Microsoft Windows Vista is celebrating birthday number one today on the anniversary of the public release. You can certainly say it has been a controversial first year. Vista has taken its knocks from many quarters, certainly from the mobile sector, but it has also continued to grow in terms of sales. If you follow the industry news, it looks like there is a growing trend that is moving beyond the “knocks” into the “Vista isn’t all that bad” column. That said, there is still a large chorus that wants to see Vista branded as a Windows ME type failure and move on. Some even say Vista is the best promotion that Windows XP has ever had. Recent confusing stories of a potential 2009 release of Windows 7 certainly doesn’t help. The final release of SP1 is supposedly just around the corner and there is a lot of emphasis and interest to see how well that changes the matter and the perceptions.
From a Tablet PC perspective, Vista certainly offered some great advances, (check out our GBM InkShows on Tablet PC features in Vista) and in many ways ushered Touch into the picture. Unfortunately, from my perspective, the big hope of making Tablet PC functionality available across the board by rolling it all into Vista (the bits are there, all you need is the hardware) didn’t yield the hoped for increase in interest and development of new Tablet PCs from OEMs. That is a marketing failure as much as it is anything else, as you need to look really closely in any of the hype about Vista to know that improved Tablet PC functionality is a feature.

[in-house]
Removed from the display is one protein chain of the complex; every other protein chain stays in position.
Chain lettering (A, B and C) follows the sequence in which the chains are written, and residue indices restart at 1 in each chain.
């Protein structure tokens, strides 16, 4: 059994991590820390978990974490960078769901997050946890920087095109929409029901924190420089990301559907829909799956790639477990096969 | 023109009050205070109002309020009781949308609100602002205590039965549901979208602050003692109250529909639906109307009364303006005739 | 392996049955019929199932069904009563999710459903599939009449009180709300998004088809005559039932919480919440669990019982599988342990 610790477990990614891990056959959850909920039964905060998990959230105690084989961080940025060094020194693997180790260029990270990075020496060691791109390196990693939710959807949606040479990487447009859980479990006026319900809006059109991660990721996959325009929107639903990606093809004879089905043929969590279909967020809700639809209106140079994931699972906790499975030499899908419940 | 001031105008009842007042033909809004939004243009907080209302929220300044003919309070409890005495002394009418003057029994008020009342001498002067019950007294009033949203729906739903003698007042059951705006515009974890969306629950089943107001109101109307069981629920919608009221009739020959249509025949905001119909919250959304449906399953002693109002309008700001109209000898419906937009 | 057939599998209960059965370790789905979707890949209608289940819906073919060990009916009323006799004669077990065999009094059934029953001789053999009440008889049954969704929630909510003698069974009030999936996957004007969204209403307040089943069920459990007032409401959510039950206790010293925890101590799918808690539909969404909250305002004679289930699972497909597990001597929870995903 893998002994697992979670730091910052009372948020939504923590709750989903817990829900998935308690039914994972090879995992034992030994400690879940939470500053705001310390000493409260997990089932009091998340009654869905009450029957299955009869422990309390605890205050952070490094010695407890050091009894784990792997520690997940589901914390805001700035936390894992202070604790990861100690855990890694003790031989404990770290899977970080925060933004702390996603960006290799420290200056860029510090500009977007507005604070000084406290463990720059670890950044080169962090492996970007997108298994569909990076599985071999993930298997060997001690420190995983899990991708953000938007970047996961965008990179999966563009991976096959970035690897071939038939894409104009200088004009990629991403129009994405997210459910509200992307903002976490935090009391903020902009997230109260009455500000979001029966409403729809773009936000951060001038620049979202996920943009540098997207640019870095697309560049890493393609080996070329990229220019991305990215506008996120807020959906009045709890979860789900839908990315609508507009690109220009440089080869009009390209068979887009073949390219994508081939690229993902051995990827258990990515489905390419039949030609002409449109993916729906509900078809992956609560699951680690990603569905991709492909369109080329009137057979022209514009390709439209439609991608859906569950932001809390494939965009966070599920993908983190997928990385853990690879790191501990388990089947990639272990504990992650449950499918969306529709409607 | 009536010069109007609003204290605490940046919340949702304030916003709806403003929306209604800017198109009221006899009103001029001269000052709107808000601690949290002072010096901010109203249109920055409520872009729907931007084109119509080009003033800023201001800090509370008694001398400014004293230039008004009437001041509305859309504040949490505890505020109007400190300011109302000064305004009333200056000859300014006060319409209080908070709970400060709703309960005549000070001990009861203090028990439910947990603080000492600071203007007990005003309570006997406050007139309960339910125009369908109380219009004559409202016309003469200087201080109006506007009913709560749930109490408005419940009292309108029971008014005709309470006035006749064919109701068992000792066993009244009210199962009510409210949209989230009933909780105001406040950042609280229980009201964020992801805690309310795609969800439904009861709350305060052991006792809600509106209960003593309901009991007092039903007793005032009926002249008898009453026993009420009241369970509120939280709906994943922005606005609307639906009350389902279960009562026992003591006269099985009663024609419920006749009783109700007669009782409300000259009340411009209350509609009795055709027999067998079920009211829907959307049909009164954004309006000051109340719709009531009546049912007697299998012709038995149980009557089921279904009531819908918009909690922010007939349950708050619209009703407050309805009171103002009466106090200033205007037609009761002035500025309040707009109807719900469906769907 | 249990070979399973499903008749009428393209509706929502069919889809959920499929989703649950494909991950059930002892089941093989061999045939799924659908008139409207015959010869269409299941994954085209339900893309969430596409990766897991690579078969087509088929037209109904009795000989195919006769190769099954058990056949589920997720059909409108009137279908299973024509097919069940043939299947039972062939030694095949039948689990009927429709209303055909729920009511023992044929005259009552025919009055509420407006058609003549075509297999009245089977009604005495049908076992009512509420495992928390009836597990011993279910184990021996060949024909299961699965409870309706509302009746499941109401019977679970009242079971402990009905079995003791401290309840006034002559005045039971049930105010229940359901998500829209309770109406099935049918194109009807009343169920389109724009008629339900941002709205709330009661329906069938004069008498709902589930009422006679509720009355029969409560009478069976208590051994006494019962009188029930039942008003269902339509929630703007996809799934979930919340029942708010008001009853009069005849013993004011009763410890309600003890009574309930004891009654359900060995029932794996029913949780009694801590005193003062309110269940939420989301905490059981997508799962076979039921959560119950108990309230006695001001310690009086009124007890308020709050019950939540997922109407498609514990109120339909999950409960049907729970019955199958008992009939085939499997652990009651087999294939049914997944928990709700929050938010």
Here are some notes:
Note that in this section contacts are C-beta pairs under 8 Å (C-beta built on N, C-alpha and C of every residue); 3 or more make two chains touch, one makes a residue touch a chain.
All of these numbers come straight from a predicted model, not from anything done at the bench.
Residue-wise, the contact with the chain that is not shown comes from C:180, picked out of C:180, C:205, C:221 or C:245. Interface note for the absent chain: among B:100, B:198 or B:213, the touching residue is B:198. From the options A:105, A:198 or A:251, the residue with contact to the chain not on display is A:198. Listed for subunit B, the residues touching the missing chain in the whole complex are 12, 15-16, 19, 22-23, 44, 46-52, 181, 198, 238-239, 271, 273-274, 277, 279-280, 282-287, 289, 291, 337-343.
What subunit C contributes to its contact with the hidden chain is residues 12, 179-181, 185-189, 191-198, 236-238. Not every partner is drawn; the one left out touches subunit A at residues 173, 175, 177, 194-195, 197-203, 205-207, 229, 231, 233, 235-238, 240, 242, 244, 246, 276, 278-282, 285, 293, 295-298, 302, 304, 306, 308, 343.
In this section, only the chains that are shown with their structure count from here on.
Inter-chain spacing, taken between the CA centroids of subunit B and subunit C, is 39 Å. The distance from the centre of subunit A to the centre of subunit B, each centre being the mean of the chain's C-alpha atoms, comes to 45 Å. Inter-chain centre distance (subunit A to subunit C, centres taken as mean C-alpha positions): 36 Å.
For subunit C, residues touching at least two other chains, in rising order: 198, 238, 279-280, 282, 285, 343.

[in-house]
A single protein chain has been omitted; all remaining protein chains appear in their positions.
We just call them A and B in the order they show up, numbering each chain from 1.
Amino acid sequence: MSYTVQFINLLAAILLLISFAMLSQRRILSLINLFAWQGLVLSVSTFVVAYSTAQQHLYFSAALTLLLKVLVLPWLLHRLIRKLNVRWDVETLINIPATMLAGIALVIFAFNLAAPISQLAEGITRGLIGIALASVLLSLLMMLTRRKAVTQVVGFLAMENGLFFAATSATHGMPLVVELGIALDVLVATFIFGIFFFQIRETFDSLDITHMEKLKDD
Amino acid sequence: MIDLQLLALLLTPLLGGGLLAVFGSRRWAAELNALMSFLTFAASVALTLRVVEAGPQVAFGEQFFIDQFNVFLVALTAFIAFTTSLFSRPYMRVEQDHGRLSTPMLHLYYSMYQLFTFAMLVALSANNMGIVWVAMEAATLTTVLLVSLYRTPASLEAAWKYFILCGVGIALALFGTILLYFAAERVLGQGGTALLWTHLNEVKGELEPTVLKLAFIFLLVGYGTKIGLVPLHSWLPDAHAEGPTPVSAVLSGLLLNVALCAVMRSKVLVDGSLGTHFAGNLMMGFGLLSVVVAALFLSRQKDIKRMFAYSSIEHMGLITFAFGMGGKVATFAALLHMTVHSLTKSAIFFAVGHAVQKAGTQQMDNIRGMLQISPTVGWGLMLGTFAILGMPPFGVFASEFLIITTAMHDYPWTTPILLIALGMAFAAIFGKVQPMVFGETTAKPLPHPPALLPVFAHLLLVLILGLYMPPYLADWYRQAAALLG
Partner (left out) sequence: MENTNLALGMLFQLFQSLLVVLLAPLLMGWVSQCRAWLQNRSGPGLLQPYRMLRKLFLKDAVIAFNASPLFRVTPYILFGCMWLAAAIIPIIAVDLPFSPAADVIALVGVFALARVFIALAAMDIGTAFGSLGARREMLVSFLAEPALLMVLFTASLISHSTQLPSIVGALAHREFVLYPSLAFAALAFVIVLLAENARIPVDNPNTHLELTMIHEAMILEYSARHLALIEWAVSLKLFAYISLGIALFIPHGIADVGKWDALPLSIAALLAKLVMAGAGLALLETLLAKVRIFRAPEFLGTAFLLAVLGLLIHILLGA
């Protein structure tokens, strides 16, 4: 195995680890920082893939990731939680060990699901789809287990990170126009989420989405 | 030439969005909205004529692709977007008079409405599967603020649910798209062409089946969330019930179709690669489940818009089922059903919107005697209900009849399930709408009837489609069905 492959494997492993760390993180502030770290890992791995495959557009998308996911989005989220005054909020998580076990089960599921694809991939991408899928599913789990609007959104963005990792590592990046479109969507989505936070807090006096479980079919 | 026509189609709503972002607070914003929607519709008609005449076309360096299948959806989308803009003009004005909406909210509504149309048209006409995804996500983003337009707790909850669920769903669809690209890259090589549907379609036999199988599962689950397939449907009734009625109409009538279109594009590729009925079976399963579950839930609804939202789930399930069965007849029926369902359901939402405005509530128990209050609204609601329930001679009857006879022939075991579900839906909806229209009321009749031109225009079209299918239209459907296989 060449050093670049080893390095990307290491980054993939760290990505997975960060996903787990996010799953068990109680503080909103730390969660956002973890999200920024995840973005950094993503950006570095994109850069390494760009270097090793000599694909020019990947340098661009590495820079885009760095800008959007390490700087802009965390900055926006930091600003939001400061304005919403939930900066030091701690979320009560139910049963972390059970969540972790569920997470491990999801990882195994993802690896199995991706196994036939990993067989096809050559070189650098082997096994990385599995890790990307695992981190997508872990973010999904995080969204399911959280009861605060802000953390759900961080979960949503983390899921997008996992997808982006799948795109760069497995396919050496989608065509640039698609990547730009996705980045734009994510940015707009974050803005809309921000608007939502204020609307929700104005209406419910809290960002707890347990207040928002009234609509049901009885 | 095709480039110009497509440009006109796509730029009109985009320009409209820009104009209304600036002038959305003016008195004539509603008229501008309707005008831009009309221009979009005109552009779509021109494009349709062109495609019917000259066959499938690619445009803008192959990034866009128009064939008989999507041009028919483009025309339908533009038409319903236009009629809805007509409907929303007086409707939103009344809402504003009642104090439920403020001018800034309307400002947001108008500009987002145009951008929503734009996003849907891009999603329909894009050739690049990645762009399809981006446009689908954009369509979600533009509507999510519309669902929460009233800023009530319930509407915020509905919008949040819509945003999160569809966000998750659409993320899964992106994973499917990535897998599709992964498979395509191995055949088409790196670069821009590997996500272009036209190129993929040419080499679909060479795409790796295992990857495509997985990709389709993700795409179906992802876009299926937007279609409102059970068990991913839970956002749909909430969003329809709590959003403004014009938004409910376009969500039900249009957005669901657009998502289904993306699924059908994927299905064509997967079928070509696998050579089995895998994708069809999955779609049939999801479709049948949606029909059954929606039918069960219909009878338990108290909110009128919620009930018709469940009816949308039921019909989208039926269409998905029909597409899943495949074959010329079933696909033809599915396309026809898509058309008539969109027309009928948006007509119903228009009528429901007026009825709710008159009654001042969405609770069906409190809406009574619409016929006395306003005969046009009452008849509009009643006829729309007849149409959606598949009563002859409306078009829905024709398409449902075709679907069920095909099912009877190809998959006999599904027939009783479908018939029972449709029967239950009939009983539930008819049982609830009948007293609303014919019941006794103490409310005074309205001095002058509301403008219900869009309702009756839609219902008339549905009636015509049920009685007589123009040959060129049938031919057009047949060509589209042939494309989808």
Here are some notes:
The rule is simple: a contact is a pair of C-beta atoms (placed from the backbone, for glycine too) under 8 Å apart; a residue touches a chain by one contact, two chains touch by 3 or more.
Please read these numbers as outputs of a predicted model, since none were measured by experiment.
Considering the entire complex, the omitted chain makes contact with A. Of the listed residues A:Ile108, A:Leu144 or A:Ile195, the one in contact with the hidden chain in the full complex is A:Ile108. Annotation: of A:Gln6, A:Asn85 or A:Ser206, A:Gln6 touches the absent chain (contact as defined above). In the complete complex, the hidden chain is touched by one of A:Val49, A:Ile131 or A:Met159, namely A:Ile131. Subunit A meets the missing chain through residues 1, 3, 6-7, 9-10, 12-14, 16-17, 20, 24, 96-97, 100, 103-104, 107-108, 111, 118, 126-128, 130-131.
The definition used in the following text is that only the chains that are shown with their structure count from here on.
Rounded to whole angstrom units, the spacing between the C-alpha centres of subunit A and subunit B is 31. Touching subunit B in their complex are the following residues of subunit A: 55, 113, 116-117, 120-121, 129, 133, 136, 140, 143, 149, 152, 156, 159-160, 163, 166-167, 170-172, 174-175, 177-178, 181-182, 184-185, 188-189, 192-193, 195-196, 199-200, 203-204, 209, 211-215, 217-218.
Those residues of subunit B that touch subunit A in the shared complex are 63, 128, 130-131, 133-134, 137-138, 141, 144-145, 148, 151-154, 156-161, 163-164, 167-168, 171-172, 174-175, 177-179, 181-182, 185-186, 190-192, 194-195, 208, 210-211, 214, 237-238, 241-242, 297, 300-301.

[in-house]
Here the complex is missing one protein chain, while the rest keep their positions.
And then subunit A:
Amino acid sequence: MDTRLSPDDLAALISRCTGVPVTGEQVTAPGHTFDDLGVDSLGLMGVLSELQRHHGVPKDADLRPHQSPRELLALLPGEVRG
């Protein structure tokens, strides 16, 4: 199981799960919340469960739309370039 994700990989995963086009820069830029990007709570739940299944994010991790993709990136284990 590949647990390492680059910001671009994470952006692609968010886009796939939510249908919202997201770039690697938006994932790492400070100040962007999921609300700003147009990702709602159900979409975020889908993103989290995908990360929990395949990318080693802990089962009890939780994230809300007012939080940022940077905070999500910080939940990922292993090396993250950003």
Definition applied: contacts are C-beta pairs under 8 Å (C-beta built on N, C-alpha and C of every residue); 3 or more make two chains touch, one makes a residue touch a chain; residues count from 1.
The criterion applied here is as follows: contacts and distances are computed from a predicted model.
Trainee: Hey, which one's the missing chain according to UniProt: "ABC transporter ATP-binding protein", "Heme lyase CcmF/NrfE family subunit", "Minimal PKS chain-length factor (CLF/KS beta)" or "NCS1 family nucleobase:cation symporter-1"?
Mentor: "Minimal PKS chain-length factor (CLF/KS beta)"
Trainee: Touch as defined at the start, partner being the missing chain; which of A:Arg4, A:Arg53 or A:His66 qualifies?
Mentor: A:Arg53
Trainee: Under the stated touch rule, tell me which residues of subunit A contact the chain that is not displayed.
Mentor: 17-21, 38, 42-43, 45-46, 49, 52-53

If it seems that Vista has been around for longer than a year that is because it has. In the roll up to the final release to consumers, the various release candidates, the release to business customers, and of course the delays, were all covered breathlessly, and it seems, endlessly (certainly here on the pages of GBM), and rightly so.
TEO developer Josh Einstein has waged a one man campaign in the GBM Forums and comments throughout the year defending the OS from some of the charges leveled against it, and done so admirably, especially as it relates to issues that might be caused by drivers and hardware from Microsoft hardware and software partners. He’s raised some excellent points along the way and in our small world here, put the focus where it needs to be in some cases. In the final analysis though, the fact that Josh has felt the need to do so, demonstrates that Microsoft missed the boat by not being proactive in discussing and addressing some of the issues that caused concern. But then that seem to be the “accepted way of things” when it comes to talking about issues with operating systems and new releases. I think the large turnover inside Microsoft, shortly after Vista’s release, also had some impact on this as well, and if you ask me the timing of those moves was not only questionable, but in some cases damaging.
So, it has been a bumpy ride in Vista’s first year. In my one man’s opinion, there is still a lot to learn, still room for improvement, and there are still some questions unanswered. While Vista and some of its attendant issues have given me some headaches, I’ve used it almost exclusively since the fall of 2006 and continue to do so. For better or worse. Mostly better.
What are your thoughts?
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